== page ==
A Wiltz victory that contributed to even moderate blue movement in surrounding Brazoria County would be significant, and likely attributable to demographic changes. The county has remained solidly in the GOP camp in recent elections. Its voters favored Trump over Clinton by 24 points in 2016 and 63 percent voted straight-ticket Republican in the 2018 midterms, even as nearby Fort Bend County turned blue. Analysts note that the population and voting electorate are distinct bodies. Indeed, while non-Hispanic whites make up less than half of Pearland’s population, they make up 55 percent of its registered voters, according to the Texas Democratic party voter file.

Comments suggesting discomfort with Pearland’s increasing diversity abound on social media. Some of Cole’s supporters have adopted slogans such as “Don’t Houston Our Pearland,” which Wiltz described in a recent NAACP forum as “coded messages” using the urban center as a proxy for the poor and people of color. Cole told me he has privately chided certain supporters for racially insensitive comments, and he expressed irritation that Wiltz did not face similar questions after a group supporting his 2017 candidacy used the hashtag #buildblackpoliticalpower. “What do you think the response would be if I posted ‘buildwhitepoliticalpower’?” he asked.

At the NAACP forum, both candidates publicly embraced the suburb’s growing diversity. Cole, who has apologized for a deleted 2017 Facebook post expressing his concern about a report on Muslims running for local office, acknowledged a “racial divide” in Pearland. “I want to be able to reach out to men and women who don’t look like me and get behind their eyes and have a very frank conversation,” he said. “I don’t want to patronize someone by saying, ‘I know how you feel,’ because I don’t. But I can learn.” Wiltz, meanwhile, took pains at the forum to distinguish between diversity and inclusion. Wiltz said that shortly after his family moved to the city in 2007, he saw a roadside sign promoting the Ku Klux Klan. “Does racism exist here in Pearland?” Wiltz asked. “It didn’t take the killing of George Floyd for me to understand that.”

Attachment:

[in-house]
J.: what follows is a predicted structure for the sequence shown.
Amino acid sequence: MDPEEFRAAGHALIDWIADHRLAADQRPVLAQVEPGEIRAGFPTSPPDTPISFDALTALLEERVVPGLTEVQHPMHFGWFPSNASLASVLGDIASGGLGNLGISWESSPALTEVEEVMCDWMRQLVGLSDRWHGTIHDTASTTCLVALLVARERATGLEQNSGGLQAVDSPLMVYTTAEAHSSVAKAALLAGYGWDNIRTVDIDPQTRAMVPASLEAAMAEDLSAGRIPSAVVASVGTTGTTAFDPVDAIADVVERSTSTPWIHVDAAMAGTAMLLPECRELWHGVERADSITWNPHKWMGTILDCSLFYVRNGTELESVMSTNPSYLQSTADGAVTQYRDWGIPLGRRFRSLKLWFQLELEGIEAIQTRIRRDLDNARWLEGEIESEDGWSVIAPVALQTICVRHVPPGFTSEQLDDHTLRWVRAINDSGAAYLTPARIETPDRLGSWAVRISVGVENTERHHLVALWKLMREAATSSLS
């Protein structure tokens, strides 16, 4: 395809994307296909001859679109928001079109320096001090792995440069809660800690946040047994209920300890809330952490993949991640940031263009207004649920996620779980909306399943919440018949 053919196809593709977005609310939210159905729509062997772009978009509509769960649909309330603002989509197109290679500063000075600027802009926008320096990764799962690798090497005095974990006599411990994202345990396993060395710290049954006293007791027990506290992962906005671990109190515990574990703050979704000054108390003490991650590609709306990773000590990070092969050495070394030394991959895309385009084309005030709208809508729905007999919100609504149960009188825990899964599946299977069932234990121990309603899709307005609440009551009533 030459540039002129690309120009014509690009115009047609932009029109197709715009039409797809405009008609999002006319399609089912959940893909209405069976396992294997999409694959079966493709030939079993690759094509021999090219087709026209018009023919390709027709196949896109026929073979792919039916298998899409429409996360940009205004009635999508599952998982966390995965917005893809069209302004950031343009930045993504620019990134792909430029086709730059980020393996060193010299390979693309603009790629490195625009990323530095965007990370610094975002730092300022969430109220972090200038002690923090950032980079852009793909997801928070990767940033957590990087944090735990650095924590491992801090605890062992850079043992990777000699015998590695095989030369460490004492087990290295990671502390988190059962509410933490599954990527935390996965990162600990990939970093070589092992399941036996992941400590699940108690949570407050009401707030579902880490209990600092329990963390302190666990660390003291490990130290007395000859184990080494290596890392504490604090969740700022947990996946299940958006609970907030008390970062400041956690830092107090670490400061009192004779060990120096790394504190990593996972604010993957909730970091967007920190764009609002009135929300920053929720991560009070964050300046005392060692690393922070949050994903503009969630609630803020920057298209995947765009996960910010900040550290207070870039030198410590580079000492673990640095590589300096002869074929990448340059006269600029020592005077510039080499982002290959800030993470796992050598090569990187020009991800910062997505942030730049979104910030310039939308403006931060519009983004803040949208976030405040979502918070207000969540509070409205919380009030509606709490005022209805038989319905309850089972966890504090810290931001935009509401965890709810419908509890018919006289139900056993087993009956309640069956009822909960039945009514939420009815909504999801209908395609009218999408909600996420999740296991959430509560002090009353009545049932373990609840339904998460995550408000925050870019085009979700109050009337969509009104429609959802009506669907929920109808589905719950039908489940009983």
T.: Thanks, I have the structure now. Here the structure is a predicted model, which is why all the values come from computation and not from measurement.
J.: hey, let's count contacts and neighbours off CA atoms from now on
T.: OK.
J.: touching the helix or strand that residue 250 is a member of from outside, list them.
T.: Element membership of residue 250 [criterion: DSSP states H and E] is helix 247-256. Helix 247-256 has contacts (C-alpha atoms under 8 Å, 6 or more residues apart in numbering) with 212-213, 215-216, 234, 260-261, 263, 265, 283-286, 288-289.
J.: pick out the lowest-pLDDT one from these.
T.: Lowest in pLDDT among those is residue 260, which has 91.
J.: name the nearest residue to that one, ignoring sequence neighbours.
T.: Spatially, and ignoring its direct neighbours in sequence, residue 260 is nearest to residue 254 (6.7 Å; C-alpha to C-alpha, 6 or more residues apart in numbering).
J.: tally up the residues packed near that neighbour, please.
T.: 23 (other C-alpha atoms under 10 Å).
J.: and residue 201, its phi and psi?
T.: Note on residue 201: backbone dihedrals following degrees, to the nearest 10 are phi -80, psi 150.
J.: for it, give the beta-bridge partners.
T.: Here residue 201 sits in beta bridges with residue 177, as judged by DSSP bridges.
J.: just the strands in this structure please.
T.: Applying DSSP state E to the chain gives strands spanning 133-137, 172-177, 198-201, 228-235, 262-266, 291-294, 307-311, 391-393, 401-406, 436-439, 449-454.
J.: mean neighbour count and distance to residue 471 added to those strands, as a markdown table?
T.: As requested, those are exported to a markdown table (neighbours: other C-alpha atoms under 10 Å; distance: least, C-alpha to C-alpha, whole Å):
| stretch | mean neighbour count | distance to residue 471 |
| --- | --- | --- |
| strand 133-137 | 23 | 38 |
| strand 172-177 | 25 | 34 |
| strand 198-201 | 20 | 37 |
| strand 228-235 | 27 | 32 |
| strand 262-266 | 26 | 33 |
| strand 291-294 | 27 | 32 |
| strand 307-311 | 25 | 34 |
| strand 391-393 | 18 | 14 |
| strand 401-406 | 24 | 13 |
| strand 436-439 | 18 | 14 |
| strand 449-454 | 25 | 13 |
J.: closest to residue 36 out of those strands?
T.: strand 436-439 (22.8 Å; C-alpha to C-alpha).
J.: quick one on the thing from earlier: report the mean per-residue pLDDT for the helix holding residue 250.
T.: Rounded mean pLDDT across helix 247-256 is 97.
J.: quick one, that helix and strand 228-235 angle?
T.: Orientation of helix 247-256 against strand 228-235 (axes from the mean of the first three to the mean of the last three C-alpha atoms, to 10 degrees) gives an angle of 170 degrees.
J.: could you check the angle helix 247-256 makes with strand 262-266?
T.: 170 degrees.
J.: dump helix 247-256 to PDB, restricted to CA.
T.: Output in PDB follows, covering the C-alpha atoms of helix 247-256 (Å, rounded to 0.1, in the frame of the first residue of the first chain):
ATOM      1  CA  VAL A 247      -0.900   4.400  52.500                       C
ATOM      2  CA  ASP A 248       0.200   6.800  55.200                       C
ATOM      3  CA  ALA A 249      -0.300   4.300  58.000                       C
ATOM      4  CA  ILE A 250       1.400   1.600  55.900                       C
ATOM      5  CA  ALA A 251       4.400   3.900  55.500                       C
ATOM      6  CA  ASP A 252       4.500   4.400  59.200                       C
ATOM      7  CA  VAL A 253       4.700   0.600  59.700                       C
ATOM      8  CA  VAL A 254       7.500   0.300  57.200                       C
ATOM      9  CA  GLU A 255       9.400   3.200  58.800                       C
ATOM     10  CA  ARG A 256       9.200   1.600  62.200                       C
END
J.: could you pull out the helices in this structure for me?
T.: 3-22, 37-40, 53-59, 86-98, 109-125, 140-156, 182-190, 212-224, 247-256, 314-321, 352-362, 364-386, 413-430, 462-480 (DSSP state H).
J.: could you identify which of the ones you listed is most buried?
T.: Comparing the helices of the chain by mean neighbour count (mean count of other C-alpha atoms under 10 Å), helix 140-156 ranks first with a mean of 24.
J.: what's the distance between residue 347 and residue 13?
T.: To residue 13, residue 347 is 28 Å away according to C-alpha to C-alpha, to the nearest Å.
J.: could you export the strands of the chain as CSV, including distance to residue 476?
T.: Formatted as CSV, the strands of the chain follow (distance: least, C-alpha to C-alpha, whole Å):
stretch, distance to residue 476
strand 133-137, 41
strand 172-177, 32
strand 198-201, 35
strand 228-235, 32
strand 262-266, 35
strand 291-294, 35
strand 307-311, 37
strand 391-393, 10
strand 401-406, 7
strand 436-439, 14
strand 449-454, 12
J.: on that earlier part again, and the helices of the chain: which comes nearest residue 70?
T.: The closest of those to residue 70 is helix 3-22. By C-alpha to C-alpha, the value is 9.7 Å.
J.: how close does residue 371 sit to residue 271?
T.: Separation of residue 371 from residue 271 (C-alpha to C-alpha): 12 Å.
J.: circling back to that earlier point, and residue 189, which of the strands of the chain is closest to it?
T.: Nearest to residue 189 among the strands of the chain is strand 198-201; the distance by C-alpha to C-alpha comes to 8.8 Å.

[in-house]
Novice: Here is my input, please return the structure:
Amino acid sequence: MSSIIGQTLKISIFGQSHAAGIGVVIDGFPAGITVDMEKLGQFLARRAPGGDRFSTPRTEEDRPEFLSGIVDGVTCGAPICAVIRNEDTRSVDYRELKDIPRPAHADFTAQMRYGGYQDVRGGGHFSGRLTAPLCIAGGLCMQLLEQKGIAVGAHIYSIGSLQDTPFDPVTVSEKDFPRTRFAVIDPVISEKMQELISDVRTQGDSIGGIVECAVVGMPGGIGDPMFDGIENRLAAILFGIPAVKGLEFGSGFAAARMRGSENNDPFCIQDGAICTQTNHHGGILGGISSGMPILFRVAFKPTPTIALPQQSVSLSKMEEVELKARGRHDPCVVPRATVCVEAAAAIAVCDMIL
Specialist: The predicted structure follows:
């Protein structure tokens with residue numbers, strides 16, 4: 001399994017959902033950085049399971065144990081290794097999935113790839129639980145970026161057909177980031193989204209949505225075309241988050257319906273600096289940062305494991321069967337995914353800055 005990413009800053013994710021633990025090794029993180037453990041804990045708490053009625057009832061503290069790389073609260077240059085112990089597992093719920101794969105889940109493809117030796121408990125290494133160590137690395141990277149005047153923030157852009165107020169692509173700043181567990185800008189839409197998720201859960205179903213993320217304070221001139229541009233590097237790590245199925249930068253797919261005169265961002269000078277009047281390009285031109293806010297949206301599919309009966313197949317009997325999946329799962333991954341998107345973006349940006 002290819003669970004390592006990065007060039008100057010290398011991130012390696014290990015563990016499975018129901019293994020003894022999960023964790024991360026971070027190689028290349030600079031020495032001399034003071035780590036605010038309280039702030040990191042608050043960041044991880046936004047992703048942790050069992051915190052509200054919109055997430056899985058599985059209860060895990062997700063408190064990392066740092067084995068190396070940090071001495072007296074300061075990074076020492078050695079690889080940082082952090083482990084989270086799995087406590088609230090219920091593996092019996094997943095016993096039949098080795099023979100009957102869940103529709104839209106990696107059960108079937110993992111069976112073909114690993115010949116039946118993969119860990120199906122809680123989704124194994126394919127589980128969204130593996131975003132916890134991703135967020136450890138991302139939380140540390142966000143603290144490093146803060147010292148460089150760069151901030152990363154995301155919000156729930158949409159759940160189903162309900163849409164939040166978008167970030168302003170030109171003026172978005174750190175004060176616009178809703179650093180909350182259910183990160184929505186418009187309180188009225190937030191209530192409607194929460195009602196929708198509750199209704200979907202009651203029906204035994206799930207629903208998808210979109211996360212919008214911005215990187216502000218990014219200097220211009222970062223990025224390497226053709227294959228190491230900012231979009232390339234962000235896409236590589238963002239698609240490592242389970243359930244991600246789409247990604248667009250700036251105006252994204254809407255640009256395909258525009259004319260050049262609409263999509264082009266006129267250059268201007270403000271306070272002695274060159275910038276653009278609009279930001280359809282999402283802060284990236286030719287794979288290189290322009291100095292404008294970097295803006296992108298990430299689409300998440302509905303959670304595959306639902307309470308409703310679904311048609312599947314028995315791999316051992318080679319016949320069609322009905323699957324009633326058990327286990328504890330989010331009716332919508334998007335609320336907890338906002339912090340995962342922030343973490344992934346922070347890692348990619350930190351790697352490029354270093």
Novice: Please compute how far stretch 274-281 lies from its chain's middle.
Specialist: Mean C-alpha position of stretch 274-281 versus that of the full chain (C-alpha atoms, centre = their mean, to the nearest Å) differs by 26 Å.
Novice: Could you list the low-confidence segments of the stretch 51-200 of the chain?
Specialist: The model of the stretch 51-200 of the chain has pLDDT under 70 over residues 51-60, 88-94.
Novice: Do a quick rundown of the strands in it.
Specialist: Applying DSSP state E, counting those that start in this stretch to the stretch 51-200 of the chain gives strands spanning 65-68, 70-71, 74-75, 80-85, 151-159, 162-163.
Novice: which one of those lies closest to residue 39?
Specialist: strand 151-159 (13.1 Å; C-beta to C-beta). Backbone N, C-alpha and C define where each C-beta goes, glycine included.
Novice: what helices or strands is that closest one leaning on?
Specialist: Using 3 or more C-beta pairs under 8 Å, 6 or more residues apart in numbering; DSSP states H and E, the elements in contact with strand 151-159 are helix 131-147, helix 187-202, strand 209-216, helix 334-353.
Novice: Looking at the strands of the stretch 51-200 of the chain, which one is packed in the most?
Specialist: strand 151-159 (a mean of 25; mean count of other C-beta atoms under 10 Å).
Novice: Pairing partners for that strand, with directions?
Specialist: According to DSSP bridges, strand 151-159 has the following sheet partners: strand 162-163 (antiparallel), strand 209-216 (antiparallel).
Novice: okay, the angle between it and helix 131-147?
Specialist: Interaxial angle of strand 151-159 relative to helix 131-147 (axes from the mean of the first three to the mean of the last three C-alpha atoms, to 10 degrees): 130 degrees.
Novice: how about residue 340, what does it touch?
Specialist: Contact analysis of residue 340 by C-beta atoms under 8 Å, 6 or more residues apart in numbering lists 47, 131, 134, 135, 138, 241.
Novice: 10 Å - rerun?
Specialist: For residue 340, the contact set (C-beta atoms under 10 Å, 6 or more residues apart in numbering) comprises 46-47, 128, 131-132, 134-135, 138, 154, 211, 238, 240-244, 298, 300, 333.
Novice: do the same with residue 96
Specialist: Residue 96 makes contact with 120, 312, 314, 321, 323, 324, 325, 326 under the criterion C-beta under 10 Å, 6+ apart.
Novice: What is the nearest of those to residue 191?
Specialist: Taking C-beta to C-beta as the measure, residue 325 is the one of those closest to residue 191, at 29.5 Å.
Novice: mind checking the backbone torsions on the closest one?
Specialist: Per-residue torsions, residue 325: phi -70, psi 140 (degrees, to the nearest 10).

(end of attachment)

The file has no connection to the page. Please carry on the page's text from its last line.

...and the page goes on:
The reference to Floyd carried particular resonance in Pearland because his remains are entombed in the local mausoleum where his mother’s body also lies. In June, Pearland residents watched the passage of a horse-drawn carriage bearing Floyd’s body to its final resting place.

For some partisans and analysts, anticipation of a Democratic wave in suburbs such as Pearland is tinged with a hint of fatalism born of prior disappointments, including Wiltz’s loss to Reid in the 2017 mayoral race. “When Quentin forced Reid into a runoff, we thought the wave is here, we’re about to break in,” said Mike Floyd, who demonstrated a precocious ability to navigate Pearland politics when he won a school board seat as an eighteen-year-old high school senior in 2017. (He is unrelated to George Floyd.) Yet the status quo prevailed that year as Reid won a final term and Dalia Kasseb, a pharmacist who would have been Pearland’s first Muslim elected official, lost a runoff for a council seat.

Republicans tend to turn out more reliably than Democrats in off-year elections like the one in Pearland in 2017, so one source of hope for Democrats this year is the surge of voters already turning out for early voting. Yet 2020 has upended conventional wisdom on so many fronts that even an enthusiastic Wiltz supporter like Mike Floyd is hesitant to predict the outcome: “It’s a crapshoot, really,” he said.